The Bible in a Year – 22 August

If this is your first viewing, please see my Introduction before reading this.

22 August. Ecclesiastes chapters 1-4

If the book of Lamentations (the readings for the last two days) was the story of unalleviated suffering in Jerusalem at a time of disaster, Ecclesiastes is a story – or rather a reflection – on unalleviated boredom in Jerusalem in a time of peace. Traditionally identified with Solomon (like much of the other wisdom literature), it was clearly written later by someone else who either had received Solomon’s words passed down orally, or wrote what he thought Solomon might have taught.

The text is written so negatively – everything is vain, nothing brings satisfaction, everyone’s achievements will be forgotten – that it is hard to find anything positive in it.  Even when the writer sets up what seems like a way of achieving satisfaction (becoming wise in human terms in chapter 1, riches and pleasure in chapter 2, living the simple life of working and eating as any ‘ordinary’ person would in chapter 3), he then goes on to regret it as ‘vanity’.  For whatever you or I achieve in this life will be forgotten by future generations as we forget nearly all of those who went before us, and humans, like animals, will all die and be recycled by nature as the wind and water go round in their natural cycles.

Vanity, of course, is not the same as sin or error. The ‘preacher’ Ecclesiastes does not suggest that it is wrong to work hard, or to enjoy the innocent pleasures of life such as food and drink, indeed it is God’s will that we should do so (3:13). Nor is it wrong to possess wealth, or to have friends. Indeed friendship is one of the few things that are noted as being of lasting value in these chapters (4:9-10).  The most positive statement is reserved for those who “please God” (by keeping his commandments and loving their neighbours) and thereby receive “wisdom, knowledge and joy” (2:26) – yet even those God-given gifts are ultimately futile for they are earthly virtues that only last as long as we live.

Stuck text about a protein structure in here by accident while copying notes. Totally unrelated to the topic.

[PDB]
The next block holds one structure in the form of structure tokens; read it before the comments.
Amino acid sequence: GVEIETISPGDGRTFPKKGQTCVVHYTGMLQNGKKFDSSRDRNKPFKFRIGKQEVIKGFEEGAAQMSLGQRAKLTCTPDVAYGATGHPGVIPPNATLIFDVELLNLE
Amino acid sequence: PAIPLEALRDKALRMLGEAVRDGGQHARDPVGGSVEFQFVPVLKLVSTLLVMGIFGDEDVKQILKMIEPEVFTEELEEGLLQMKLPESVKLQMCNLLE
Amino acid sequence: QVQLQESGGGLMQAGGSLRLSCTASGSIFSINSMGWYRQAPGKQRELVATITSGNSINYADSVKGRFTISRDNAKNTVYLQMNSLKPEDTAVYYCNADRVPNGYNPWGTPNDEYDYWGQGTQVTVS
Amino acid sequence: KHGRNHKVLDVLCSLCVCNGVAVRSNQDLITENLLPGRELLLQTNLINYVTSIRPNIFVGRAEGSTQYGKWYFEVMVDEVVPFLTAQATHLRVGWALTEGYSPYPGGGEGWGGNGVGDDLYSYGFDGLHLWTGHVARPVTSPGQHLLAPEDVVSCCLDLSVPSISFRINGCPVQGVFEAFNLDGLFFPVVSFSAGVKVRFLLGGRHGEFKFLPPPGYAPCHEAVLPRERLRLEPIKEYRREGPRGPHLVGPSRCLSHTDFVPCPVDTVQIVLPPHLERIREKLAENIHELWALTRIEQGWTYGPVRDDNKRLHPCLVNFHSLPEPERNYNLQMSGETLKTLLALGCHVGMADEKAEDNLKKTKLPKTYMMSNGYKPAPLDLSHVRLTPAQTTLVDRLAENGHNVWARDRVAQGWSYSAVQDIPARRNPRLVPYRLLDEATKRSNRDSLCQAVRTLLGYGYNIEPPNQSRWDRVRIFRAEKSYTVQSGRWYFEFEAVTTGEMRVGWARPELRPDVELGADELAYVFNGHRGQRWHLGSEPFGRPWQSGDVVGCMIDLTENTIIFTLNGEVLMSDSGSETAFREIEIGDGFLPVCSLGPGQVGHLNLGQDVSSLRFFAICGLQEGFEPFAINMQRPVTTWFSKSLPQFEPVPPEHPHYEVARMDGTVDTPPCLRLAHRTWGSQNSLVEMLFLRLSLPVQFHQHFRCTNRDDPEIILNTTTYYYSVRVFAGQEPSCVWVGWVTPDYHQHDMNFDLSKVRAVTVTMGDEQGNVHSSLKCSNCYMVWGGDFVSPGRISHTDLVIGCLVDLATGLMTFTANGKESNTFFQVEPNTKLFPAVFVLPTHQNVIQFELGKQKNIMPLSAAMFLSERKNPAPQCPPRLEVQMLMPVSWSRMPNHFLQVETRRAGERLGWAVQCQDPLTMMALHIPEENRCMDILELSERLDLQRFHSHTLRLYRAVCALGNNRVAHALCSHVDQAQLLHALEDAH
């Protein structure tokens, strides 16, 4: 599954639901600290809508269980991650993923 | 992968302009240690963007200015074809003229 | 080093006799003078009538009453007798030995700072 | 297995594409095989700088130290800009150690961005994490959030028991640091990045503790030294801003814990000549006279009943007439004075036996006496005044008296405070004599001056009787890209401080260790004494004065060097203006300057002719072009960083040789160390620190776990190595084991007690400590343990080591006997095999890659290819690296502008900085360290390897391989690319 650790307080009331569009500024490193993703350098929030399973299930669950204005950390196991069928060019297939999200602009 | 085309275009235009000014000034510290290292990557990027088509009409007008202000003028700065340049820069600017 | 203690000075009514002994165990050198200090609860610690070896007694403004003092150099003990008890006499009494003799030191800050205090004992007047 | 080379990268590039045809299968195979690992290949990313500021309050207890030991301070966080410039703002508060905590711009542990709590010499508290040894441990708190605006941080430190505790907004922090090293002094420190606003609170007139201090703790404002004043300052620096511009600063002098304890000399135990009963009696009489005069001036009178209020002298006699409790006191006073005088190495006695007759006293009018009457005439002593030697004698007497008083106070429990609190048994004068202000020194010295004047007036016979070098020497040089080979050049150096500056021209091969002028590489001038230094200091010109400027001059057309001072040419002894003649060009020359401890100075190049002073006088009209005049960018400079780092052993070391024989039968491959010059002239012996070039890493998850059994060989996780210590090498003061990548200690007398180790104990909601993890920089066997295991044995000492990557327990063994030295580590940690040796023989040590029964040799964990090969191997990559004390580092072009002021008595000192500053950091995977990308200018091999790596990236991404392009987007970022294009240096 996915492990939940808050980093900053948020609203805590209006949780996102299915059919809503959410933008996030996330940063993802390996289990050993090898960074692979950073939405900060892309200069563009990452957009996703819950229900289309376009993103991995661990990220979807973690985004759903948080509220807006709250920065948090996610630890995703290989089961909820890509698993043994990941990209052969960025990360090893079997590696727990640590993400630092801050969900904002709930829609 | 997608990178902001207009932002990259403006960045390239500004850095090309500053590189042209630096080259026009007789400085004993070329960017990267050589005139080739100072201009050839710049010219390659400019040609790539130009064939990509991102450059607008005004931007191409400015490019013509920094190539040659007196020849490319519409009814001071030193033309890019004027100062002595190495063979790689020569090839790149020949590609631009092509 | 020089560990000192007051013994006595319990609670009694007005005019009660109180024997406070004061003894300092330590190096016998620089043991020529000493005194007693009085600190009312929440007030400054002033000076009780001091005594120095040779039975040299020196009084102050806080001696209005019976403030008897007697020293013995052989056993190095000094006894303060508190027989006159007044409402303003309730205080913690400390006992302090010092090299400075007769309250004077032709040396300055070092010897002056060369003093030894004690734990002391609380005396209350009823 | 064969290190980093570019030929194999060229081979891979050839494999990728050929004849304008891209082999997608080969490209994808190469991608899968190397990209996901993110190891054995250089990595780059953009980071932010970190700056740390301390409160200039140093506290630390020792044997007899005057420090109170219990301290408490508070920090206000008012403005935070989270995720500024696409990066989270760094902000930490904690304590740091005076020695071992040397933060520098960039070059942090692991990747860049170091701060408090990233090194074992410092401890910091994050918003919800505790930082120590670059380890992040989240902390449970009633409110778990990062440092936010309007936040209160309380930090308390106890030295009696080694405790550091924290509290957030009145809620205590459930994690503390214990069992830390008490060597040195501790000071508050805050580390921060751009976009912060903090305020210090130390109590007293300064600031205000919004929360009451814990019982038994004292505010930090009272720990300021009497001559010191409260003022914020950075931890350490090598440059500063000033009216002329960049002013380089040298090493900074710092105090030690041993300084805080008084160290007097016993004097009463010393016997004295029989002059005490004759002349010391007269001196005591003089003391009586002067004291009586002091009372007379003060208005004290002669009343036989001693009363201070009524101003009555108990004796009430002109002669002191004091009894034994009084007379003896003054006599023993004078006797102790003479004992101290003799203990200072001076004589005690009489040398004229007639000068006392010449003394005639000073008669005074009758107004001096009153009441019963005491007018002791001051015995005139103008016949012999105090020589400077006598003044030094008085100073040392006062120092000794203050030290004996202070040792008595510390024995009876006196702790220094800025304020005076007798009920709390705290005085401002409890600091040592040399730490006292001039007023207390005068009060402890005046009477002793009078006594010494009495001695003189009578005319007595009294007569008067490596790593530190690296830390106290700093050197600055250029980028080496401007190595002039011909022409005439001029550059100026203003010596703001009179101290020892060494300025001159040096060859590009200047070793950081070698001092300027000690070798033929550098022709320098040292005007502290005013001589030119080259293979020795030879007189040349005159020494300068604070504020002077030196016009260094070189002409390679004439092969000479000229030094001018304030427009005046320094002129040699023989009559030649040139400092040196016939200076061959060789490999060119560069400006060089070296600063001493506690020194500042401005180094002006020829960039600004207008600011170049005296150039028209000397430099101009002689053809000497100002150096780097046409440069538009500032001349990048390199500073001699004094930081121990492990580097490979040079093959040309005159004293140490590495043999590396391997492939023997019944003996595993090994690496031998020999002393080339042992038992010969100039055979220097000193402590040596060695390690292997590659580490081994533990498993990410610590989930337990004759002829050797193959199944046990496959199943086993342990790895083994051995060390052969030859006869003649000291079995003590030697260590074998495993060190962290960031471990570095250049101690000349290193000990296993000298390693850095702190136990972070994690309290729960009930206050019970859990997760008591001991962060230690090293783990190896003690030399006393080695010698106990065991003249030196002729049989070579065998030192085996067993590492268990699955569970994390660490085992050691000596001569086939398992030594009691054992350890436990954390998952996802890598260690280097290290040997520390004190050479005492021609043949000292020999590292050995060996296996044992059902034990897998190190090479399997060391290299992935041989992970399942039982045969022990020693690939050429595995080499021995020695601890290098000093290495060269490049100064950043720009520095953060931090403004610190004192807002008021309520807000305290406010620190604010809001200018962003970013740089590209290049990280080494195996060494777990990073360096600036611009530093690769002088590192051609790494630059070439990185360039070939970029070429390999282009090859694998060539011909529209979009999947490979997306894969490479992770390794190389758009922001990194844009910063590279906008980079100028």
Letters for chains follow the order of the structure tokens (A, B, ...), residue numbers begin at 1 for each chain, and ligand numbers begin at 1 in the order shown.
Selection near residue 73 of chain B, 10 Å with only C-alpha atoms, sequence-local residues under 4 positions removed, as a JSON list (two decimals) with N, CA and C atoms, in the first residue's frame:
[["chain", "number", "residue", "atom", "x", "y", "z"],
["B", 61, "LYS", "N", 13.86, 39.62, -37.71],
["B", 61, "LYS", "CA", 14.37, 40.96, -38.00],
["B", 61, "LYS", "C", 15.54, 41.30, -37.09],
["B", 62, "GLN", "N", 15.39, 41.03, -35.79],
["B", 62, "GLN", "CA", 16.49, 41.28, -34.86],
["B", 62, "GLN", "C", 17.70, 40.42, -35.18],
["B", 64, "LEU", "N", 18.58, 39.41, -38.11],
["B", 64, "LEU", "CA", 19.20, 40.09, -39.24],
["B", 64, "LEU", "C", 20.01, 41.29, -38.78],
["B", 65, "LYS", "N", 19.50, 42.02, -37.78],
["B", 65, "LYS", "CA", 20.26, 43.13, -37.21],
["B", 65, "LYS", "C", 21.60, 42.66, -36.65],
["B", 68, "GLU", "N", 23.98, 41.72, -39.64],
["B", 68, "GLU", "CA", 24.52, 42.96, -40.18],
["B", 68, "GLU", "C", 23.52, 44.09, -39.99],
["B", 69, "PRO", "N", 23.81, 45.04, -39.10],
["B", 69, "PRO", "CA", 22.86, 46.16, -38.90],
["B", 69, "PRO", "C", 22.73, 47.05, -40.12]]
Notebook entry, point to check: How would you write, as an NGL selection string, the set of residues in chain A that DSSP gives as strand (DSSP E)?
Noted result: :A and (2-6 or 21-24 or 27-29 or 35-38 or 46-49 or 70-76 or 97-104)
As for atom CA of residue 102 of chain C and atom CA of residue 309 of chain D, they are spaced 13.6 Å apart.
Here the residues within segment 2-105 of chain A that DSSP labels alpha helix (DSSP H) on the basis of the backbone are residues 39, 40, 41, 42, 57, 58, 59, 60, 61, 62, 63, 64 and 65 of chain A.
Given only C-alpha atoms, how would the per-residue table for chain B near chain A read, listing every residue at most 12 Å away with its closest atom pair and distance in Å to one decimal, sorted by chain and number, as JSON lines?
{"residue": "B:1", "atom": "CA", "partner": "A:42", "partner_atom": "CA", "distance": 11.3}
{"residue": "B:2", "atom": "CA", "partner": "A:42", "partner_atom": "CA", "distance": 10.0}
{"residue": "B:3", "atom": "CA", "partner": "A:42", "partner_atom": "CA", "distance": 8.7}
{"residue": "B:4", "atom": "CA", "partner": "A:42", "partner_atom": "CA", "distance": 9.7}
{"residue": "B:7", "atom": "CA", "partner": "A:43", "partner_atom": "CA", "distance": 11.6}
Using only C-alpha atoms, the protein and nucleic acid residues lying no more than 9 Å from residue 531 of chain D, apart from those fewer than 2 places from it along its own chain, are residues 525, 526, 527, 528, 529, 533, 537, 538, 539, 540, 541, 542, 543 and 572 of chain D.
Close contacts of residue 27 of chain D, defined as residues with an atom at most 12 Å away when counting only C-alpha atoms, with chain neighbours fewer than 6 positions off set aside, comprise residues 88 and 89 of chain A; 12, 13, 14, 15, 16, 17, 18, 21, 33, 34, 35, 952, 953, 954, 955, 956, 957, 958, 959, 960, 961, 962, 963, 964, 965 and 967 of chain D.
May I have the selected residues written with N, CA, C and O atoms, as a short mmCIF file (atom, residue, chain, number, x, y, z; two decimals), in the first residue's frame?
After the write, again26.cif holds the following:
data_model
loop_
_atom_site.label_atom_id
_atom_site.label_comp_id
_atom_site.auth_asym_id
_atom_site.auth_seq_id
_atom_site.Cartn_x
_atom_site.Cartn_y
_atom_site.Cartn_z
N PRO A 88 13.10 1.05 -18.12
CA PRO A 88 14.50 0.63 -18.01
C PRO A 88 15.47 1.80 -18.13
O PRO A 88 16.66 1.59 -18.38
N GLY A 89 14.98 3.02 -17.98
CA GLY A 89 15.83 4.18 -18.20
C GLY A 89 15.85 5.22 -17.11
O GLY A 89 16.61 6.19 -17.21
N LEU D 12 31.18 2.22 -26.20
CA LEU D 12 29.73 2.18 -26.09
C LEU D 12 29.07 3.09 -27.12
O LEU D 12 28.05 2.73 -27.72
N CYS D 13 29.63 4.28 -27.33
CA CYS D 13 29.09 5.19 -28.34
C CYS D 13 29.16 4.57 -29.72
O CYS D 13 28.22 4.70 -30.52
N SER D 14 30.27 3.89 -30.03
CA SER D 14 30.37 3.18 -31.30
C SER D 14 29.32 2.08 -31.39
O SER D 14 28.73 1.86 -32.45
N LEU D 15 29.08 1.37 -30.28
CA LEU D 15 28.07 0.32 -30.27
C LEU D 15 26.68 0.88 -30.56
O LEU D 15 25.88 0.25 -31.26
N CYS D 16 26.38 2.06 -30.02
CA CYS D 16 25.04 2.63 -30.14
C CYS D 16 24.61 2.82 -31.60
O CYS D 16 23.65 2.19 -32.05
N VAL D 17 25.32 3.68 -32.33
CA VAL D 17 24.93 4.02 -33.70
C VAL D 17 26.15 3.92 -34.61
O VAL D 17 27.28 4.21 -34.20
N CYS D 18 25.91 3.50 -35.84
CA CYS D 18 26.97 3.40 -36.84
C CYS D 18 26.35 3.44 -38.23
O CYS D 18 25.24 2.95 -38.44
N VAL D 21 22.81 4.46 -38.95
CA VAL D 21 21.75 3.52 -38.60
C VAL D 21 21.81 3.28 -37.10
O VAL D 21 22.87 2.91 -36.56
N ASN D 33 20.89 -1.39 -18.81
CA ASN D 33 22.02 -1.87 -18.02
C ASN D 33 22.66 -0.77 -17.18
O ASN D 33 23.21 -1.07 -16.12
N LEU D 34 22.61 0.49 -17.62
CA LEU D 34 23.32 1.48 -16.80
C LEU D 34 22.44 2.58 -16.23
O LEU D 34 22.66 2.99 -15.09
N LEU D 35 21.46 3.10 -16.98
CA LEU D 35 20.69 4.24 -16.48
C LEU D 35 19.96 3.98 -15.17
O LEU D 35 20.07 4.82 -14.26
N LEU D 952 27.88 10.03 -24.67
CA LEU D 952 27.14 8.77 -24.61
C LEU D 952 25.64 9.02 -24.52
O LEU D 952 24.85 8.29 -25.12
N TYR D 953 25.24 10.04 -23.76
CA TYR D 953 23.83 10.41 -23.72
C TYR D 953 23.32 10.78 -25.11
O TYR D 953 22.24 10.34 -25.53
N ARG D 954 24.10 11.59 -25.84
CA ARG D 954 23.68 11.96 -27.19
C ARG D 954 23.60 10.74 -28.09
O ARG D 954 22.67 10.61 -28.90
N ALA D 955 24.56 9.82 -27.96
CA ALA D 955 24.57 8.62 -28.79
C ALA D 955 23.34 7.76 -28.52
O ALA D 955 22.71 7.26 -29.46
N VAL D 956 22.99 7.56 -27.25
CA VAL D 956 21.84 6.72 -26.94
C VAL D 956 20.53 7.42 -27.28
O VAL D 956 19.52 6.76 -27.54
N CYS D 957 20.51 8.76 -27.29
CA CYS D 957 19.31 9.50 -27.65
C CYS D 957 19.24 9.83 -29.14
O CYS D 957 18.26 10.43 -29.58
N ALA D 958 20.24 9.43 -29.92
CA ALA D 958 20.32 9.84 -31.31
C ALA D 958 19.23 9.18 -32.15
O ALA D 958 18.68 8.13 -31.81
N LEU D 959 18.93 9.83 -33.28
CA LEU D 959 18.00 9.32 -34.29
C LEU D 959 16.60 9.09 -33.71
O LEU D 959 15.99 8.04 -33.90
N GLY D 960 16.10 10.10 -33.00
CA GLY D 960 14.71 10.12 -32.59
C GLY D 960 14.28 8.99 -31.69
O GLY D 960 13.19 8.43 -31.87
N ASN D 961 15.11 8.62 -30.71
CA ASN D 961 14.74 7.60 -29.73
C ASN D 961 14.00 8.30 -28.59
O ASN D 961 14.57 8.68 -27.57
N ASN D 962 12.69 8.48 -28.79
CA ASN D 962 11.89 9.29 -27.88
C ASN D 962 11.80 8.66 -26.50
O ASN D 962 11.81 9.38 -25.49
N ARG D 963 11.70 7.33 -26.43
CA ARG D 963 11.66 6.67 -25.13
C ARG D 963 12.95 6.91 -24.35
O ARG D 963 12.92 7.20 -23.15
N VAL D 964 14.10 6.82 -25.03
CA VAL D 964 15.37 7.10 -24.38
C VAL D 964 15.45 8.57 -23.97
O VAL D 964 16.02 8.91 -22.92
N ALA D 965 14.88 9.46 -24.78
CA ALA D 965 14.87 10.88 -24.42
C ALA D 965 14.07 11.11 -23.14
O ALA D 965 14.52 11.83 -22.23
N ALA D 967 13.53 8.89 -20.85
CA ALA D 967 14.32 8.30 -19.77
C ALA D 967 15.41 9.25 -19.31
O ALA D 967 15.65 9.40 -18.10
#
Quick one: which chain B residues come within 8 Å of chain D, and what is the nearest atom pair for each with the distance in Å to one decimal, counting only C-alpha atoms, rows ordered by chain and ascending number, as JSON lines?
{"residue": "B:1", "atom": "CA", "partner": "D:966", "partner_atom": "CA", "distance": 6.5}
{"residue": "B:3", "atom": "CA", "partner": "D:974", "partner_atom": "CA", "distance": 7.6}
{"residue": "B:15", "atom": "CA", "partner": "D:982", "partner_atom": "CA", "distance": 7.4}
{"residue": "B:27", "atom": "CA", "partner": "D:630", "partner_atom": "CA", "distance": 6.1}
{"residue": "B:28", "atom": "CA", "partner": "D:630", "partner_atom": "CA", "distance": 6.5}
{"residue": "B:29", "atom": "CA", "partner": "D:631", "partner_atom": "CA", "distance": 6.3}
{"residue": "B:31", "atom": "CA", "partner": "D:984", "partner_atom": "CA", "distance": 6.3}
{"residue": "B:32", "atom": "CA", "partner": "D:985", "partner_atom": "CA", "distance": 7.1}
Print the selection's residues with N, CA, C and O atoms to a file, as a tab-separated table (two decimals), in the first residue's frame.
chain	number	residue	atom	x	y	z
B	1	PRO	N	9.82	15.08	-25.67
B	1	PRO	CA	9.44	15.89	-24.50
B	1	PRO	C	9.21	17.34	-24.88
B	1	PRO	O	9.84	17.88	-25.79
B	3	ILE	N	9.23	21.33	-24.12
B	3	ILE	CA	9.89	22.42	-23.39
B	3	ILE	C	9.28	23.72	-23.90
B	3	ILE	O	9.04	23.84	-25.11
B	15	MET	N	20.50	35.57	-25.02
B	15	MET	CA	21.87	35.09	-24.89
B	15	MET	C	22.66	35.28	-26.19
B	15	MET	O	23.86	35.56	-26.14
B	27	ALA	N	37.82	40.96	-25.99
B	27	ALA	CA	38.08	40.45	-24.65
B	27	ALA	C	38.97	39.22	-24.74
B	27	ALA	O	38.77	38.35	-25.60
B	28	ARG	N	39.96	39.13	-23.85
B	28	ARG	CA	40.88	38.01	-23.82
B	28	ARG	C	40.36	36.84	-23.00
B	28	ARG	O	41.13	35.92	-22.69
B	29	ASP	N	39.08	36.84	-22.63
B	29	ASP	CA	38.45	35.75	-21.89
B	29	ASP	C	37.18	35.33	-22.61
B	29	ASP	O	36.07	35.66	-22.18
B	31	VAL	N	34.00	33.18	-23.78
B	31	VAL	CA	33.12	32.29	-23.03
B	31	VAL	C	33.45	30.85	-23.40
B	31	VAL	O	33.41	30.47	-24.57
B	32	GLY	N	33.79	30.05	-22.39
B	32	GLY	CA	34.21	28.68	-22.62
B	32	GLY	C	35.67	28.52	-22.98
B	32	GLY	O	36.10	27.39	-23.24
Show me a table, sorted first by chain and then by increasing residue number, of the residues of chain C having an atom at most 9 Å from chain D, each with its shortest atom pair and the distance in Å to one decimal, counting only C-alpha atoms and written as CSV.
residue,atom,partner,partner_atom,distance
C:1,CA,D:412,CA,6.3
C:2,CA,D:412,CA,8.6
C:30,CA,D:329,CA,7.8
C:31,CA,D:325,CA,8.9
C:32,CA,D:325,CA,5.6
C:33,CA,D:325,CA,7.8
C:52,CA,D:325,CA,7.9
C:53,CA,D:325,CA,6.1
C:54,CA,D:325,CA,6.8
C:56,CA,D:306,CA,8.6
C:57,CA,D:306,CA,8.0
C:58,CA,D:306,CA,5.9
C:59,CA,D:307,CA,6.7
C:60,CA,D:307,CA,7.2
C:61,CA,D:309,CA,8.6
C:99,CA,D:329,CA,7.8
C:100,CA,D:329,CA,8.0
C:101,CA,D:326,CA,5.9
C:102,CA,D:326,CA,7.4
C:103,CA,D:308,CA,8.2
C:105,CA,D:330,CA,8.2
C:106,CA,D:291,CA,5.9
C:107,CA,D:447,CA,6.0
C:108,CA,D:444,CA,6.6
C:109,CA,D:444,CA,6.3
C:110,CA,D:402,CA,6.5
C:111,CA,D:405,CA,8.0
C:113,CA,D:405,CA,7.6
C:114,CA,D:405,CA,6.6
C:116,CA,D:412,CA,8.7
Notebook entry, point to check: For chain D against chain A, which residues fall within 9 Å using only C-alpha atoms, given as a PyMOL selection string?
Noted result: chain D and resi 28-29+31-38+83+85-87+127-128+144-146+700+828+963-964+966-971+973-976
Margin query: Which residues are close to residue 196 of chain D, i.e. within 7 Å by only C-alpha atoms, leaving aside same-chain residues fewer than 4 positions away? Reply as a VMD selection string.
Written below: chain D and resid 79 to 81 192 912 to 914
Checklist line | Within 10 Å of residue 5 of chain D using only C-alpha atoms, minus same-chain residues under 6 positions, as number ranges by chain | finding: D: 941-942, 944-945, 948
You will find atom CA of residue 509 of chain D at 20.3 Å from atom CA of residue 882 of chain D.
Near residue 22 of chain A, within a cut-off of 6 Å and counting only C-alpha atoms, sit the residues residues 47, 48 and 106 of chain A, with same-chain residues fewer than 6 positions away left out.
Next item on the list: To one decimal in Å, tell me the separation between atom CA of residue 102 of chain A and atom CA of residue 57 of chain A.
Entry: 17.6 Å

What, then, can we do?  The answer must be to regard this life as but a preparation for the next, and live according to your station in life.  If you have riches, spend them wisely; if you are poor, be content with what you have; if you are intelligent, use it to enhance your appreciation of the world; if you have friends, enjoy their company.

All this sounds to us very pre-modern. Advice that might be useful to barons and serfs, monks and troubadors in a feudal society, but is it really applicable to the 21st century world of commerce, Wikipedia and social media?  It is, because these things are but new versions of the old.  What Ecclesiastes wrote is still true: that what happens now happened before, and will happen again.   So enjoy life as much as you can, please God by the way you do it, but don’t think too deeply about the future, for that is in God’s hands.